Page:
Social innovation (and partly also translation) is usually considered as an improvement or a positive change. However, innovations (and also translations) may have unintended consequences or externalities. While some stakeholders may benefit from social innovation, others may lose. Reasons for this can be the exclusion of some groups from the process, hijacking by extreme groups, the balance between financial and social objectives of social innovations and the risk and potential failure of social innovations. Moreover, to achieve real systemic change, dominant cognitive frames have to be overcome. This changing of cognitive frames as well as the challenging of normative roles and responsibilities may encounter resistance (Nicholls et al., 2015). This holds also true for the (crowdsourced) translations on Zooniverse that challenge the existing roles of professional translators and the decision-making responsibilities of researchers and platform providers. Translation changes social relations since it extends linguistic diversity, multilingualism and access and contributions to academic research. Volunteers wishing to promote or contribute to a project in their language now request (and produce) translations. From the perspective of the process dimension, this has an influence on governance and increases the level of participation. Moreover, it introduces some diversity to a platform that was initially created from an Anglocentric point of view and takes account of the fact that not every citizen scientist will be able to cope with English.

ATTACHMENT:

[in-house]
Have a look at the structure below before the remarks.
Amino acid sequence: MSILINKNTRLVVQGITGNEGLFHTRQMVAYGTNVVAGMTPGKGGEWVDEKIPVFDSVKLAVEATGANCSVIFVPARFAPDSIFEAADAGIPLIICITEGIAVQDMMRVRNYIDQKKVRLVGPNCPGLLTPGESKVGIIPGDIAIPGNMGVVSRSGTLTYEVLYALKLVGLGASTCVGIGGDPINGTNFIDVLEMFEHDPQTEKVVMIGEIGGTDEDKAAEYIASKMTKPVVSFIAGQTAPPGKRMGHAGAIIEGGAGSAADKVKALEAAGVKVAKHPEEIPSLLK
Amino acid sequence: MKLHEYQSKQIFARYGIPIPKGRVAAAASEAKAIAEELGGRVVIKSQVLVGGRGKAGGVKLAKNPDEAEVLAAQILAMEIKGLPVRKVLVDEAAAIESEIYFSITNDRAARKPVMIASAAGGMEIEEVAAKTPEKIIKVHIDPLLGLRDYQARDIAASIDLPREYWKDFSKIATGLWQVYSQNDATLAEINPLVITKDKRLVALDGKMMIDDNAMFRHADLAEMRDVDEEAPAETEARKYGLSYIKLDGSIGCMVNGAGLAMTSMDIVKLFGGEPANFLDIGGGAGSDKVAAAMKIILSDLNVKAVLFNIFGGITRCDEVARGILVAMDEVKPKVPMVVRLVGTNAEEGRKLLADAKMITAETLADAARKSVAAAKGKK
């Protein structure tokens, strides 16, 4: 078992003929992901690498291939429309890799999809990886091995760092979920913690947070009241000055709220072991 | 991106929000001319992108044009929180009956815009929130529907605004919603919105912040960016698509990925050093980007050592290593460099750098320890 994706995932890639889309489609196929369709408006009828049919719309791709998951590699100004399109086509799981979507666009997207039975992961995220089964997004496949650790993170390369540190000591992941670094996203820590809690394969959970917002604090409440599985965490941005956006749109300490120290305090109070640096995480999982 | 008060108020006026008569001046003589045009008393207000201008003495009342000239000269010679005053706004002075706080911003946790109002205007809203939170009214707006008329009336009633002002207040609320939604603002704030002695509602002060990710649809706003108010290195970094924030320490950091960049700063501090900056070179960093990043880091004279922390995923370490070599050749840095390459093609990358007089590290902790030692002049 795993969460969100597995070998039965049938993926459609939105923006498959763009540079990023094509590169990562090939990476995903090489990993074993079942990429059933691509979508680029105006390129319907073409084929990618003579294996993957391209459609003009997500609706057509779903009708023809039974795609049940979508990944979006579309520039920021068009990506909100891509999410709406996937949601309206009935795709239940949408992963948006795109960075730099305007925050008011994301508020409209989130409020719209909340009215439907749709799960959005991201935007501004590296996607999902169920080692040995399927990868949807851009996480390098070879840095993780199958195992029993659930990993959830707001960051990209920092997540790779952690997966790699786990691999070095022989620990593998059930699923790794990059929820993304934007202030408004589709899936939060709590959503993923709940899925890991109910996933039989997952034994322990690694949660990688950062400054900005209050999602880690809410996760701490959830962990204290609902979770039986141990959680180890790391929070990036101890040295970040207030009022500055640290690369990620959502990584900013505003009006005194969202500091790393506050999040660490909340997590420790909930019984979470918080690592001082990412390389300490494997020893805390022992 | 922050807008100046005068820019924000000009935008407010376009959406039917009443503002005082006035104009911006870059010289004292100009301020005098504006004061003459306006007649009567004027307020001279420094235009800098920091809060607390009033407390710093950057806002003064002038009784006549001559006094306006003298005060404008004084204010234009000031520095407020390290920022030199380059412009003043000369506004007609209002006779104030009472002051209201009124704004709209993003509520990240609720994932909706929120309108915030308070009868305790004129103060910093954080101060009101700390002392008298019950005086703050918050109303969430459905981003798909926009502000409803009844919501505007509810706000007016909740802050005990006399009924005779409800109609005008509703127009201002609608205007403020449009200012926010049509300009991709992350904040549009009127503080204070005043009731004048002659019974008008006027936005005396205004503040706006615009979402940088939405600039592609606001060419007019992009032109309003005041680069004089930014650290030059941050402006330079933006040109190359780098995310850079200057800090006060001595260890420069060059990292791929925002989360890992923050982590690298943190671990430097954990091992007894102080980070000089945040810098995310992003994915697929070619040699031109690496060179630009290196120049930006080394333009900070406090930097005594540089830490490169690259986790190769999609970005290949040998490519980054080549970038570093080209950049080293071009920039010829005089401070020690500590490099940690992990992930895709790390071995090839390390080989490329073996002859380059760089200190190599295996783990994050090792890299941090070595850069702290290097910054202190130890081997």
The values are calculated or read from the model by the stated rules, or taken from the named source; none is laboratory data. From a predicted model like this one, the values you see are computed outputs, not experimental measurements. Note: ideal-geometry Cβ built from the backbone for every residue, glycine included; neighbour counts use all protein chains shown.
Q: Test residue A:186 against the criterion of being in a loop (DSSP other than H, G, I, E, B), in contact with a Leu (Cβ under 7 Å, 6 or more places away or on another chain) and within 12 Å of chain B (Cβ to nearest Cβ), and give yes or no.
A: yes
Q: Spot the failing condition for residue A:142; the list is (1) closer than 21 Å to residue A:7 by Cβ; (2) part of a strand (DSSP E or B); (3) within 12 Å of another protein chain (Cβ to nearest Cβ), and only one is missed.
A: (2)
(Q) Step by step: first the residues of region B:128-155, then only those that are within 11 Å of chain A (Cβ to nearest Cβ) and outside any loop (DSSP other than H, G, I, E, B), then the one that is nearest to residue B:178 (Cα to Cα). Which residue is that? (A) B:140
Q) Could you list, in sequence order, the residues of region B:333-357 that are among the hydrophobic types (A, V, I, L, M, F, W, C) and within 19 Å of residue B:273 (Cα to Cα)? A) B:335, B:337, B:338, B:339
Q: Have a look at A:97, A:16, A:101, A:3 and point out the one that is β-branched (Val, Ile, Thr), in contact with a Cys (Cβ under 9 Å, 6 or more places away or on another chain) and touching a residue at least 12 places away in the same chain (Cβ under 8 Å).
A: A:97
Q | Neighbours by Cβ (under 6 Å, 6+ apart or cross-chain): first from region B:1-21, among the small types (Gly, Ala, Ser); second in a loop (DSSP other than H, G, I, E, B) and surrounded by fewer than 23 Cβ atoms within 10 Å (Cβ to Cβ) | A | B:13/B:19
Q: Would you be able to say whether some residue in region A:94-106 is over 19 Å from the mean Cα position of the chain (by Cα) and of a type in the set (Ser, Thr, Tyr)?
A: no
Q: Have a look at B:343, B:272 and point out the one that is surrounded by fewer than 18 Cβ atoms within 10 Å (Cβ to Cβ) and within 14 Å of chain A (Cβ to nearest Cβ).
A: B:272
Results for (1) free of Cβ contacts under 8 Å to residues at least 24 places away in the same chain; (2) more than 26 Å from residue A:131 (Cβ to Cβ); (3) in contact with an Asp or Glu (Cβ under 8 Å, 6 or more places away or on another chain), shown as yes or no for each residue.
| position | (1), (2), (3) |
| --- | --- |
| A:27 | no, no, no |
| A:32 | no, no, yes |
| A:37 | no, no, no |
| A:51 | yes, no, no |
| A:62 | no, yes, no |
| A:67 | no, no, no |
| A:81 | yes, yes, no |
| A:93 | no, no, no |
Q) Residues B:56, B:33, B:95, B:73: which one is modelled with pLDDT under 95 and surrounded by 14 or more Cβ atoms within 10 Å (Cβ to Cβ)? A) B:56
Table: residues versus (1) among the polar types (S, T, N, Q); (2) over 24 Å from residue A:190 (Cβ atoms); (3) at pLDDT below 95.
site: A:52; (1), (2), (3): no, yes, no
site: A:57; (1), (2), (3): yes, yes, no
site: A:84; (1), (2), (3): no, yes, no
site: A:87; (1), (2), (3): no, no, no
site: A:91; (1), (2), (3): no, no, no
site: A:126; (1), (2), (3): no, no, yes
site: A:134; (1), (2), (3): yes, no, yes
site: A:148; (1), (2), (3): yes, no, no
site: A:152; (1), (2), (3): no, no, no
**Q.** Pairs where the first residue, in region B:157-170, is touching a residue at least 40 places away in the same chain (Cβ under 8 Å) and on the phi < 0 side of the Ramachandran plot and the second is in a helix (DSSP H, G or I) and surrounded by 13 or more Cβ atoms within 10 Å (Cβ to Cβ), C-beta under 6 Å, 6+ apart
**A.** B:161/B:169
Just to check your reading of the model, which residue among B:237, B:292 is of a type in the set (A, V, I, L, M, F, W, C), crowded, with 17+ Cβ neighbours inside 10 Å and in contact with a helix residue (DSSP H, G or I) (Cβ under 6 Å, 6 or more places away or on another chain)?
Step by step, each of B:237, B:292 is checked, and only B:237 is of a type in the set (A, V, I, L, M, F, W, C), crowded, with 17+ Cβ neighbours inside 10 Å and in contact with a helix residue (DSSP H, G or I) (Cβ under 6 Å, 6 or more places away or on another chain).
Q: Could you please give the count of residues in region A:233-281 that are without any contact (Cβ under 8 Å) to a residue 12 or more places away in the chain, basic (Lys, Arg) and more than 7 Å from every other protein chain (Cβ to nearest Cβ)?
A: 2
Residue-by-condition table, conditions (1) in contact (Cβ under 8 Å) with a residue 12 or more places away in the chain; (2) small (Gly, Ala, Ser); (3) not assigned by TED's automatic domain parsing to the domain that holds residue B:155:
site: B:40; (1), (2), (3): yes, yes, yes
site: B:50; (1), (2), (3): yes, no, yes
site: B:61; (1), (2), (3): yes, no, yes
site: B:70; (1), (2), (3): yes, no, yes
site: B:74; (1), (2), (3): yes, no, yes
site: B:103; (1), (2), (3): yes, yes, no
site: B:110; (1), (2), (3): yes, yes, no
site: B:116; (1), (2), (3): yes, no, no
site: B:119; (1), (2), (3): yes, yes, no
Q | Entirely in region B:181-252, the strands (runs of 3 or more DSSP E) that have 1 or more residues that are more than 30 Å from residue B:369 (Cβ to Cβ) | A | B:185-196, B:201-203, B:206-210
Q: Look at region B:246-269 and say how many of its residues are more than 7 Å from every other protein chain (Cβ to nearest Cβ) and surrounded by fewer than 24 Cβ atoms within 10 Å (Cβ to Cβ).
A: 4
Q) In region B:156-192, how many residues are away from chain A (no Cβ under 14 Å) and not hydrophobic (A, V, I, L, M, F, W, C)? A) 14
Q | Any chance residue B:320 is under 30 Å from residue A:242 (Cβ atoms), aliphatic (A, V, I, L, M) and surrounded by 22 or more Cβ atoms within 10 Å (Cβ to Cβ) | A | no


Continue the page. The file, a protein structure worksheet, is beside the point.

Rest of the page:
From a content perspective, translation fulfills a (social) need illustrated by the mainly non-solicited crowdsourced translations on Zooniverse, the translation requests by users and the use of machine translation for project pages by users. Although translation is accompanied by cultural differences, including terminological gaps, differences in seeing the world and in communicating with each other, which may be problematic in terms of unintended outcomes and misunderstandings, it can change social relations and increase empowerment. Translation is thus giving access to information, knowledge and resources. Translation increases capabilities since volunteers translate the content on their own. They get some control over the citizen science project as well as, the availability of information and resources in their language(s).